The Management of International Rescue Committee (IRC) Kenya, wishes to inform the general public that it has come to our attention that some unauthorized individuals and groups have been posing as IRC recruiters or local agents of the organization.  These individuals have extorted monies from unsuspecting members of the public with promises of jobs opportunities with IRC.

They typically use social media sites, SMS and campus recruitment flyers, and are targeting recent graduates. The general public should please take note that all vacant IRC jobs are only advertised either in the local print media or on our website Applicants and/or successful interview candidates are NOT required to pay any fees at any stage of recruitment. NO local agents have been appointed to recruit staff for ANY IRC field or country office.

If you believe you have fallen prey to such a scam, you are encouraged to report such individuals/groups to the nearest police station, the CID Nairobi Office or contact IRC on +254733344443, 020-2727730, 2720003. Your cooperation in will assist in the apprehension and prosecution of these individuals.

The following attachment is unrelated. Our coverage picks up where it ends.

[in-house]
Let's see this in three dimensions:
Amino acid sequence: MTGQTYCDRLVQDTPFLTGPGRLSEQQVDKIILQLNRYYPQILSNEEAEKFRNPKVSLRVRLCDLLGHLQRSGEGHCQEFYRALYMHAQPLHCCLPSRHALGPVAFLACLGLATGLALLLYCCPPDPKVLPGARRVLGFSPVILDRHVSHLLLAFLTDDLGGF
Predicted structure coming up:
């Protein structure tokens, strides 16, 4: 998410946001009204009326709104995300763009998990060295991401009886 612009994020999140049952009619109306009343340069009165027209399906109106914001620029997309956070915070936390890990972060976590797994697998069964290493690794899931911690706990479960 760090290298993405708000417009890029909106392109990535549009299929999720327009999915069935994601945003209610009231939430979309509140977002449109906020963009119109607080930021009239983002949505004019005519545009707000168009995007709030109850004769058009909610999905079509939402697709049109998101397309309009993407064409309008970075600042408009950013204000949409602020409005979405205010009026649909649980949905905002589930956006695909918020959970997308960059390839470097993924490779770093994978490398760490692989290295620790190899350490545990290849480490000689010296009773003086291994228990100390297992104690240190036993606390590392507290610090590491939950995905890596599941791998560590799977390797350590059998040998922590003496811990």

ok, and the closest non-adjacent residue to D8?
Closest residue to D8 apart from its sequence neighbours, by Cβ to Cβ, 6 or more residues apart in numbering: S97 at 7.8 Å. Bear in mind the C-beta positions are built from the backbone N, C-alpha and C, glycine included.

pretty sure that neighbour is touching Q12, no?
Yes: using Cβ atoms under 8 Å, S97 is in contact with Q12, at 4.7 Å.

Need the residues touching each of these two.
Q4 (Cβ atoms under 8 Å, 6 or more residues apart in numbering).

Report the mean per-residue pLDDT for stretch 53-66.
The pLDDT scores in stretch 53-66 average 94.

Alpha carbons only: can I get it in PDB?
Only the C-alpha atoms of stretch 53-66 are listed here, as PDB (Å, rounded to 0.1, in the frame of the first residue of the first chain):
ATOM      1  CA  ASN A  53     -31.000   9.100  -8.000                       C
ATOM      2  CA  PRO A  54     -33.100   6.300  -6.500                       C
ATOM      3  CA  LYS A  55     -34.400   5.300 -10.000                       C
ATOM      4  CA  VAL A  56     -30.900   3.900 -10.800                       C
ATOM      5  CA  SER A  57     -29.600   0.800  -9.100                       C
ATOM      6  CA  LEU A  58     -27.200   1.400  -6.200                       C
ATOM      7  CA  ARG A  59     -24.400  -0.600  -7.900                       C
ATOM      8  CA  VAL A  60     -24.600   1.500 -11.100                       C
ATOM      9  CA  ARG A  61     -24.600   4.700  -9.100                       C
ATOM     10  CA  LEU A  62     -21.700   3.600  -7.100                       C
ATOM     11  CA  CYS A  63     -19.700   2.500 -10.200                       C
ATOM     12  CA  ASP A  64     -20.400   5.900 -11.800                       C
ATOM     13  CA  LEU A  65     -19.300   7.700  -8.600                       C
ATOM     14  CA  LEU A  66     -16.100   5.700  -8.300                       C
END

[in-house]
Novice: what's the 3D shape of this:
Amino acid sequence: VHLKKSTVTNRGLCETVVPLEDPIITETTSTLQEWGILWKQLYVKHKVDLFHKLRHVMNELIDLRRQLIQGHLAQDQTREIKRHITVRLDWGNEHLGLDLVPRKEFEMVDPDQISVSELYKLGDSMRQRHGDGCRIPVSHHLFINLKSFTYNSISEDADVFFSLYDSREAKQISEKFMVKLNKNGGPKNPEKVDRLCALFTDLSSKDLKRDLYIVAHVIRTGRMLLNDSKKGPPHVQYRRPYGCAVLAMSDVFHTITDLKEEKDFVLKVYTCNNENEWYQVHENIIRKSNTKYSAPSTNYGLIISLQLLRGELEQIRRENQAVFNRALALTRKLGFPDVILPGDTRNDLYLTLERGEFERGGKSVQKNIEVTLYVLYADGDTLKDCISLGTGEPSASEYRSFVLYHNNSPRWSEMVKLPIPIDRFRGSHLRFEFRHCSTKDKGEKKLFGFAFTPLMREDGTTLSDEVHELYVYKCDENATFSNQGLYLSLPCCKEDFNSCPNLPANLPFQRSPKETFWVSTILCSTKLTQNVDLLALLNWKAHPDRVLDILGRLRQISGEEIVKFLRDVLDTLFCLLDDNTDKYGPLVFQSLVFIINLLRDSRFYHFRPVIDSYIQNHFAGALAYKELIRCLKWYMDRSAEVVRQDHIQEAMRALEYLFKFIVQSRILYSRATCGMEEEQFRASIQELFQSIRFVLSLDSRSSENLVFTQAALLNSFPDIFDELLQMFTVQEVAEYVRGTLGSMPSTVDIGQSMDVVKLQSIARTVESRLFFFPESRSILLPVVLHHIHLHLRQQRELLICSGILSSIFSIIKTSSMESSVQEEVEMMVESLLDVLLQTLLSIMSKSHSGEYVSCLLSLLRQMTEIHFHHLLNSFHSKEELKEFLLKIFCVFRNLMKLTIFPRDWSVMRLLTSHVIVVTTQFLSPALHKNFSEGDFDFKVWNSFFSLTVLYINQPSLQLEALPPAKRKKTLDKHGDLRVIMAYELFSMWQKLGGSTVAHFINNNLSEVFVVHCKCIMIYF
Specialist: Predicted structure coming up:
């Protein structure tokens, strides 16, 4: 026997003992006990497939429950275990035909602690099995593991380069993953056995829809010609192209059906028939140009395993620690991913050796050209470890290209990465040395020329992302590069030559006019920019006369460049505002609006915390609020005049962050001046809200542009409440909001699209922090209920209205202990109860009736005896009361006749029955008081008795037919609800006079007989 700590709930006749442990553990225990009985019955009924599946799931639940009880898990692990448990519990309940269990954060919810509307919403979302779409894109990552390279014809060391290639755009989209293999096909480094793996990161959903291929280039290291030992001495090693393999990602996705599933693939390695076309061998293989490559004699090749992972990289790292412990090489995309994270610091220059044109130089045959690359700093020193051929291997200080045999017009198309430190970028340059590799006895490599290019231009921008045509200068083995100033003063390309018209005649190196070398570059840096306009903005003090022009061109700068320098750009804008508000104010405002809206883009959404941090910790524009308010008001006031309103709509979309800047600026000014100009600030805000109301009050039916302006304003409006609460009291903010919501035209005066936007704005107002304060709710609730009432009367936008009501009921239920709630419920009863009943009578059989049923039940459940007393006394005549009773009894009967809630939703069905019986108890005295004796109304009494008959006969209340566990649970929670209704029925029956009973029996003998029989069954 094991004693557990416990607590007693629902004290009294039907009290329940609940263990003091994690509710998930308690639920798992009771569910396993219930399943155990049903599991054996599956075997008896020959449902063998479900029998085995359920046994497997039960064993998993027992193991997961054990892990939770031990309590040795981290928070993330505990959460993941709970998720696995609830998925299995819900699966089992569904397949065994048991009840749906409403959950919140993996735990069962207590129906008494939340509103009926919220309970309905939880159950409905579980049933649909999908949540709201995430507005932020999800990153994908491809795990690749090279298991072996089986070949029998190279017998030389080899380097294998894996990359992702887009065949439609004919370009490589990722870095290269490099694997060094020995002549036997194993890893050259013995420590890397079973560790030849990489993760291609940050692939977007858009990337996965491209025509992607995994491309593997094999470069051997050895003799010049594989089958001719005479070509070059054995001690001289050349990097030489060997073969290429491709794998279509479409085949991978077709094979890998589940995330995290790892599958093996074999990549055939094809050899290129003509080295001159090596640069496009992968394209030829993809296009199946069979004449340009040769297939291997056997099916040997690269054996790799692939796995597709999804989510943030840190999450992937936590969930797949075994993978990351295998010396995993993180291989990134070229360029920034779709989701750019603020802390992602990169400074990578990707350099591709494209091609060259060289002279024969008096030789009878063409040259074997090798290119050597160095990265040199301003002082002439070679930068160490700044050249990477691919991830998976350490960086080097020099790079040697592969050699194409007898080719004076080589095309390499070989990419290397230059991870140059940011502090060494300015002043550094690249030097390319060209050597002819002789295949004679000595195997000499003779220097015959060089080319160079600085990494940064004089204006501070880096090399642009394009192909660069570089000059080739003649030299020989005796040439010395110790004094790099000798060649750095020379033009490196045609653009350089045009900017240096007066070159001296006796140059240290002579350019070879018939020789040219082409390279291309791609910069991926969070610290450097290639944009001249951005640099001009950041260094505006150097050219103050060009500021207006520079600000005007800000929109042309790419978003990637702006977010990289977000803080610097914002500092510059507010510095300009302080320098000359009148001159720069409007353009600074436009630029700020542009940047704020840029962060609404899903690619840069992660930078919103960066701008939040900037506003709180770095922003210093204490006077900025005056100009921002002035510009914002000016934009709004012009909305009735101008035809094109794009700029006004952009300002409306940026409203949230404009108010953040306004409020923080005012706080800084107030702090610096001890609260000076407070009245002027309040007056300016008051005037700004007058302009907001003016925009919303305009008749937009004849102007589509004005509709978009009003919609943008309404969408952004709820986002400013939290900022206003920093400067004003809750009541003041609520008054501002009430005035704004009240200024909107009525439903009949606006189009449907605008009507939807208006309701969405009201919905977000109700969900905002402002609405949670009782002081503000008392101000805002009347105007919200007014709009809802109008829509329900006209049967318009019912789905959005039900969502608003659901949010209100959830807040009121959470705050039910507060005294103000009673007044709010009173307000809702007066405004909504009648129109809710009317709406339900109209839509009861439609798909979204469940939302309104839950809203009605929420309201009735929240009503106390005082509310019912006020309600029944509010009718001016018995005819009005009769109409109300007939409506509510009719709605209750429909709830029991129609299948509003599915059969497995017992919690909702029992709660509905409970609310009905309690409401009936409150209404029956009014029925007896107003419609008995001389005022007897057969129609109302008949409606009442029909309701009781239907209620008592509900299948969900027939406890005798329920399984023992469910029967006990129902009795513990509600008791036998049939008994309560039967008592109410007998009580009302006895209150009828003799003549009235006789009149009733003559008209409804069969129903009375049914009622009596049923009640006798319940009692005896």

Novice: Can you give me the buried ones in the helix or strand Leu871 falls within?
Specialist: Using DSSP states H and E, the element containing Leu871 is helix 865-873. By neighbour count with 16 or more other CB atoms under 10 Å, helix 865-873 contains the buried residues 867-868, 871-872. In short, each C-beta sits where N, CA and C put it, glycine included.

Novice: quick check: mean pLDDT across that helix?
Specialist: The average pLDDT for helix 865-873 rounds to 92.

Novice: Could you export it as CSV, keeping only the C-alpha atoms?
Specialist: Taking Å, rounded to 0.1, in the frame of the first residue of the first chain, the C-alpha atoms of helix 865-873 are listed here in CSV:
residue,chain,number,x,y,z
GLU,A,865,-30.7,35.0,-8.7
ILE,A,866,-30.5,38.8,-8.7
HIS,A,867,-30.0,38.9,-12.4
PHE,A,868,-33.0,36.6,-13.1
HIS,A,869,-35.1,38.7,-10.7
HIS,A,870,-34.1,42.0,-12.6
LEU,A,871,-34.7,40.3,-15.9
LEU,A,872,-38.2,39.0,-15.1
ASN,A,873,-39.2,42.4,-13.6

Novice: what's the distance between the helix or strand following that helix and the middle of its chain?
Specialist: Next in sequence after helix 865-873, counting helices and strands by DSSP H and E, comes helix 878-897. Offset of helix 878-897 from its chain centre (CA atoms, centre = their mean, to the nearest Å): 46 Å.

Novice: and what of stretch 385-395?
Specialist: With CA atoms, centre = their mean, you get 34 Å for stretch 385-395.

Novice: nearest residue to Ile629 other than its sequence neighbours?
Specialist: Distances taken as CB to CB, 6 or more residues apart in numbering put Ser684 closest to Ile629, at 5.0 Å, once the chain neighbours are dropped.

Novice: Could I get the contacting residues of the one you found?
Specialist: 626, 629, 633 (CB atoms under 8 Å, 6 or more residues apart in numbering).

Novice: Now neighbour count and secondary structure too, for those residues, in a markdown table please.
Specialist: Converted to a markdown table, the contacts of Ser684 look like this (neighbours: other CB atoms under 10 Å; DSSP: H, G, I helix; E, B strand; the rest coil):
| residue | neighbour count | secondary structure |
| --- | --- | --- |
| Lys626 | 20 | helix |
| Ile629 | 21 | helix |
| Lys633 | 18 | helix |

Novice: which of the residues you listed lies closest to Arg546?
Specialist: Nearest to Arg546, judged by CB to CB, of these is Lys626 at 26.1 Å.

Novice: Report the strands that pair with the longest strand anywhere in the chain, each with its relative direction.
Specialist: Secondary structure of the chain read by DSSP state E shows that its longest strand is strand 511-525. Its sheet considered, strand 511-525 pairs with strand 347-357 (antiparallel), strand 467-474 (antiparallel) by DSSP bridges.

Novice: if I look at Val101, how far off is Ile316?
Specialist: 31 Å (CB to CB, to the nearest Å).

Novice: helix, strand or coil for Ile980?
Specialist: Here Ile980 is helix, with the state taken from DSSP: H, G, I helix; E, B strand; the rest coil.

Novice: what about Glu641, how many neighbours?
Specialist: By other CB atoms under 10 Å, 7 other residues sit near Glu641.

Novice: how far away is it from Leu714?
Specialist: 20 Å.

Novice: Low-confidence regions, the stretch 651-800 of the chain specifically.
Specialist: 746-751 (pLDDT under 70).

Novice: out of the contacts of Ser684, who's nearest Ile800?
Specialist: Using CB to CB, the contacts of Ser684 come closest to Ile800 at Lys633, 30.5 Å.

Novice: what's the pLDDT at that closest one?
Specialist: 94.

Mohamed El Montassir

Deputy Director Operations

Fantastic article, Jane! It's

Fantastic article, Jane! It's wonderful to learn of such great, multifaceted IGAs. Thanks for sharing and looking forward to future updates.

That was very. Creative. Of

That was very. Creative. Of you!! Keep it up!!

Quite an ingenous way for

Quite an ingenous way for Haron, his team and the women to take care of the polythene bags problem,reduce latrine construction costs,generate a livelihood for the women,preserve human dignity and keeping the vast camp environmentally healthy.In more ways than one,Polymats saves lives.... and the environment.